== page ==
Local dance scene gets active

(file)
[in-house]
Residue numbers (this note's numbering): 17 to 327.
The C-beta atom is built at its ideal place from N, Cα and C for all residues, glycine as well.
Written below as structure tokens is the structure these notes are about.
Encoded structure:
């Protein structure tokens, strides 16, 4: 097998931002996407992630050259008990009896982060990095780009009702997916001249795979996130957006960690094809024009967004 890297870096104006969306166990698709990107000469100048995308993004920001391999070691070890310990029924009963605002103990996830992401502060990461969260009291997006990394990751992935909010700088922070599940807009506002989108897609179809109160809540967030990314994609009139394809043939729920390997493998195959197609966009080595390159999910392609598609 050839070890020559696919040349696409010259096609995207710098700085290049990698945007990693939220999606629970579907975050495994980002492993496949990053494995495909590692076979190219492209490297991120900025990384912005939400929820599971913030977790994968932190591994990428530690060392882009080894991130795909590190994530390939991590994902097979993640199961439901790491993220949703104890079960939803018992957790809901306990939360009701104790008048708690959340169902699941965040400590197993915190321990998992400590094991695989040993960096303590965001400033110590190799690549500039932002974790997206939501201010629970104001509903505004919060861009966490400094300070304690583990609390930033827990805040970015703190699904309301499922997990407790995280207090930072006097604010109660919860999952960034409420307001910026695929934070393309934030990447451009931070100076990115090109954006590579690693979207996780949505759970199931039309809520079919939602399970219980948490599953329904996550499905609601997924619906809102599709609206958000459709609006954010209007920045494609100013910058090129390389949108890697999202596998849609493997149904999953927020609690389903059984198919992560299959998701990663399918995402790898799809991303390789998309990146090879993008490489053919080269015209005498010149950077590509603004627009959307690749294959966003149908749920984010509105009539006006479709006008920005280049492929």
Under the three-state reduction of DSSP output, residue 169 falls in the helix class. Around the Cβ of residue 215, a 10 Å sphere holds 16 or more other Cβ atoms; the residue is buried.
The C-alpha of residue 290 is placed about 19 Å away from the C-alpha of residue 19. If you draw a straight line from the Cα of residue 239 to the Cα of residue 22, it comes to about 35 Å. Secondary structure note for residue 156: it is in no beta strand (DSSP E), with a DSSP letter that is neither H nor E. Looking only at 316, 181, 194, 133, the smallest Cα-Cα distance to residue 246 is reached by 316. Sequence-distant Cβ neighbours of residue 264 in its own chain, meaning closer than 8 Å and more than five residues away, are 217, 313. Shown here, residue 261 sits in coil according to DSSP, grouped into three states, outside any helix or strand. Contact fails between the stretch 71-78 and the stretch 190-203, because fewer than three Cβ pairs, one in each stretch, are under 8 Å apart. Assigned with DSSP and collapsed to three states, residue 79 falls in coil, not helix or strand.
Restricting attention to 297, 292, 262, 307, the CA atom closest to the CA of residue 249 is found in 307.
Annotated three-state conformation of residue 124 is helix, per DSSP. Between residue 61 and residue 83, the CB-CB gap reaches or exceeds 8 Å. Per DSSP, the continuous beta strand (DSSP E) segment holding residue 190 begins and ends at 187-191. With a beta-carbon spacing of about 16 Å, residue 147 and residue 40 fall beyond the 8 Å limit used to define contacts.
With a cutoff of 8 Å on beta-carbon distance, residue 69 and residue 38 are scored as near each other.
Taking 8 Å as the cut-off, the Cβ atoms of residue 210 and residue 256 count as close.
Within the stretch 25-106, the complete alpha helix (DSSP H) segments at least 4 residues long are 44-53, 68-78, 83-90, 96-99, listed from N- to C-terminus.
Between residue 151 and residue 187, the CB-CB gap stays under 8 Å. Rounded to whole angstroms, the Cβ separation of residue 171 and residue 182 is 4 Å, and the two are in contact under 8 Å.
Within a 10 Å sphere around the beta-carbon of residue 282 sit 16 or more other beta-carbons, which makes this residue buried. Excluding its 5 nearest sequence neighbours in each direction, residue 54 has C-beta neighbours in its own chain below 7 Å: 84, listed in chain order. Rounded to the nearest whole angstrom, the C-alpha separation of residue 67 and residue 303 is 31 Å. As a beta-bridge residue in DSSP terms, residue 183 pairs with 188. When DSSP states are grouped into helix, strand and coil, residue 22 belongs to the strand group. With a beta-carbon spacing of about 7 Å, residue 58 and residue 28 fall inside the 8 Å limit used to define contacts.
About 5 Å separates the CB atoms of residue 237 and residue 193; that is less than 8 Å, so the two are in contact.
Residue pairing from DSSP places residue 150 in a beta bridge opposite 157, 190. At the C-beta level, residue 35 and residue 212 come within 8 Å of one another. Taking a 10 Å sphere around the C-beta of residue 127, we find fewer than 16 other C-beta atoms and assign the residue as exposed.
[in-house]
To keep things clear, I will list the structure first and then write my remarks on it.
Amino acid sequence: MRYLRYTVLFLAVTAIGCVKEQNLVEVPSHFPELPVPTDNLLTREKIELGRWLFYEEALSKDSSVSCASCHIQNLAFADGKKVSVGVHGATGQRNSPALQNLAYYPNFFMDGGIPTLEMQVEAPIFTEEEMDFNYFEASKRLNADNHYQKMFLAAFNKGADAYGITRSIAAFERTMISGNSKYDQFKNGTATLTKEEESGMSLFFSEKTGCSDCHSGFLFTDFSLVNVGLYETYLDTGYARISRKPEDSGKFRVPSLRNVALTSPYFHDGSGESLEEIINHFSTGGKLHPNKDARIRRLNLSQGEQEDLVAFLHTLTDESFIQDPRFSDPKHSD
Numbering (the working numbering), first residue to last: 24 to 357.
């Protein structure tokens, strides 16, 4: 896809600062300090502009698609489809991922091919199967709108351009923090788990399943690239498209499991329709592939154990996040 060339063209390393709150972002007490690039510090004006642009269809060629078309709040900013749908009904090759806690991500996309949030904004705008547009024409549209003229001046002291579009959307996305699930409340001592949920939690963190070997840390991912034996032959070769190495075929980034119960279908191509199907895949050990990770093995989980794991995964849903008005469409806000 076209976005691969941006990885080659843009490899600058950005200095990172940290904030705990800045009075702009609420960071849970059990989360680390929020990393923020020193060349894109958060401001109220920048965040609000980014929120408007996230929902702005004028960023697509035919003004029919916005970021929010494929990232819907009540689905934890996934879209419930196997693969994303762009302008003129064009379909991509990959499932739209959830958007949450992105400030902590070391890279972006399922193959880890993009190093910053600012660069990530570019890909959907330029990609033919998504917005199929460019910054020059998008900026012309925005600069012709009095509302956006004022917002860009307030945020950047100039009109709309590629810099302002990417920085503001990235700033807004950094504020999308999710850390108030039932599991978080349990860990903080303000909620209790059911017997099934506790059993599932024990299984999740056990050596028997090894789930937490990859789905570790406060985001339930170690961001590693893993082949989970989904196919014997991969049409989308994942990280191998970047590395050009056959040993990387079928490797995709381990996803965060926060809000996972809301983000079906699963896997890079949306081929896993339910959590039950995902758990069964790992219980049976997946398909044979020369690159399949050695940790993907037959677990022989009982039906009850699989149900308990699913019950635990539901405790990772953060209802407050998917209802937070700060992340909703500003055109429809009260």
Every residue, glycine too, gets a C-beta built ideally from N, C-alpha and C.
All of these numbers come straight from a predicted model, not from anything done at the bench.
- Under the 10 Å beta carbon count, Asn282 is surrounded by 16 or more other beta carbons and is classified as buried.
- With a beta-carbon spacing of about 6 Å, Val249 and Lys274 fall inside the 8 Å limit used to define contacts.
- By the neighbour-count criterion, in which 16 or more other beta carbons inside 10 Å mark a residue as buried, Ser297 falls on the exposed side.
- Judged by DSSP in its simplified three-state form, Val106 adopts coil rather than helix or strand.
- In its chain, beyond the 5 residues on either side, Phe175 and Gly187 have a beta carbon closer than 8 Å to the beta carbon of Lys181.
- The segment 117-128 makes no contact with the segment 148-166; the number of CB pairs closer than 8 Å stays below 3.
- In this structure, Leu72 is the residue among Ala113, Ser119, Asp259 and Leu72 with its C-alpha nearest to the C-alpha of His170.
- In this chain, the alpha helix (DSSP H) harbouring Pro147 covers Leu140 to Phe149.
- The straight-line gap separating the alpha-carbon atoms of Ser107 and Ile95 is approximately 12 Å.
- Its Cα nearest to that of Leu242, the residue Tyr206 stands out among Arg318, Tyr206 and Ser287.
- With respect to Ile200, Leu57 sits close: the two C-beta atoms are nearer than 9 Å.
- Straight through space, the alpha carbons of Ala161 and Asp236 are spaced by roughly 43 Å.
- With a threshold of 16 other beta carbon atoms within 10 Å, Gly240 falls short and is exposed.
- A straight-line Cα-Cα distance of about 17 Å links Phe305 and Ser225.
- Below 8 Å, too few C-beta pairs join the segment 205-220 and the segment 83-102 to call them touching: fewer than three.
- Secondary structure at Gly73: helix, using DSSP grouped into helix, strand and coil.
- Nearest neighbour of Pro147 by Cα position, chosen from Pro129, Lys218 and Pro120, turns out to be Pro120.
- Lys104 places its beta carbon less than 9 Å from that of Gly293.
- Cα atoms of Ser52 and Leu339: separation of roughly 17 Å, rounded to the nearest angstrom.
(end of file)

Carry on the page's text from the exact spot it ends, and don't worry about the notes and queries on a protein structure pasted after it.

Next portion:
Following the success of last year’s modern dance platform, held at the Athens Concert Hall, the local modern dance scene will make its presence felt once more. The First Panorama of Modern Greek Dance starts tonight at the Arts Center of Halandri and will run to Monday. Many Greek choreographers are represented in the four-day event, with some noticeable changes from the original program issued some time ago; yet audiences will still be treated to sample variations of the Greek dance scene and get acquainted with groups that want to make their work more widely known. For its part, the Arts Center, which has hosted performances by a variety of acclaimed dance groups, such as the Complexions Dance Company, the Moiseyev Ballet and others, despite the fact that it was founded just a year ago, is hoping to turn the Panorama into an institution. The Panorama kicks off tonight with performances by Horeftes tou Vorra, Oneiro, Persa Stamatopoulou’s Contemporary Dance Group, the Landscape Dance Company, the Dalika Dance Theater, the Zita Contemporary Dance Group and the Roes Dance Theater. Tomorrow, the Kinitiras, Enniamorfo, Amagalma, Horeftes, Proschema, Met’Embodion and Lathos Kinissi dance groups will take the stage, while Sunday will see shows by X-Art, Akin, Proskairi Synthesi, Myia, Betty Vytinarou’s Paroussies Dance Theater, the Allou, Edo, Pantou Dance Theater and the Aenaon Dance Theater. The Panorama ends on Monday, April 25, with the Leda Shantala Dance Theater, Eldor, Paroussia, Yelp, the Magma Dance Theater group and Natassa Zouka’s Dance Theater (the Iros Angelos group, originally scheduled to perform on Sunday, had to pull out due to an injury sustained by the principal dancer). The dance companies will tackle the different techniques that have sprung up in Greek modern dance. At a recent press conference, held to present the Panorama, Petros Gallias, president of the Union of Greek Choreographers, said that Greek choreographers can now see their dream materialize. «Last year’s performances at the Athens Concert Hall met with a very good response from the public. They were a success not just with dance experts, but also with those who are uninitiated, or novices in dance matters, which was challenging.» The Arts Center of Halandri is working toward holding the Panorama every two years, so that it will alternate with the platform which the Athens Concert Hall has agreed to host every two years as well. «Greek choreographers and dance groups keep increasing despite the financial struggles and other problems,» said Gallias. «Ten years ago, we used to talk about dance groups flourishing in Greece. Now we can say that the public is, in a way, ‘flourishing,’ regarding its response to the choreographers’ work. Dance is finally becoming equal to other art forms in Greece,» he added. «Our aim is to attract the broader public and make the dance groups more well known, as well as to promote the venue,» said Miltos Economopoulos, president of the Halandri Arts Center, who went on to say that the arts center’s priorities lay in quality and not quantity. He added that the arts center has given special attention to dance as an art form and hoped to become a pole of attraction for dance groups in the future. «We are hoping that the next time we organize the Panorama, twice as many dance groups will participate,» said the arts center’s director, Polly Chrysanthakopoulou. Unfortunately, the absences that can be noted in the Panorama’s finalized program, as opposed to the initial one, are strongly felt. Prominent local dance companies such as Oktana, Sine qua Non, Griffon, Quasi Stellar and Ad Lib are no longer scheduled to perform. When asked about it, Gallias answered that all the groups wanted to participate but that the gaps were caused by practical problems. «Some of the groups had financial problems and are still waiting to receive funding, while others ended up having problems with the dates or the sets they needed in order to stage their show. The losses are due to purely practical reasons.» Touching on the problems of local modern dance groups, which are mostly financial, was inevitable. Gallias pointed out that the government has yet to make a decision about funding for the 2004-2005 season and that there are fears the entire season might be lost. Equally important, as choreographer Teti Nikolopoulou pointed out, is that dance is the only fine art form not represented at Greek universities; the foundation of a university dance department keeps being postponed. Performances will start at 8.30 p.m. on all four days and will last two hours. Tickets cost 20 euros per day, 10 euros with a student discount. The Arts Center of Halandri is situated at 53 Garittou, Halandri, tel 210.639.3341. For ticket information, call 210.723.4567 or log on to

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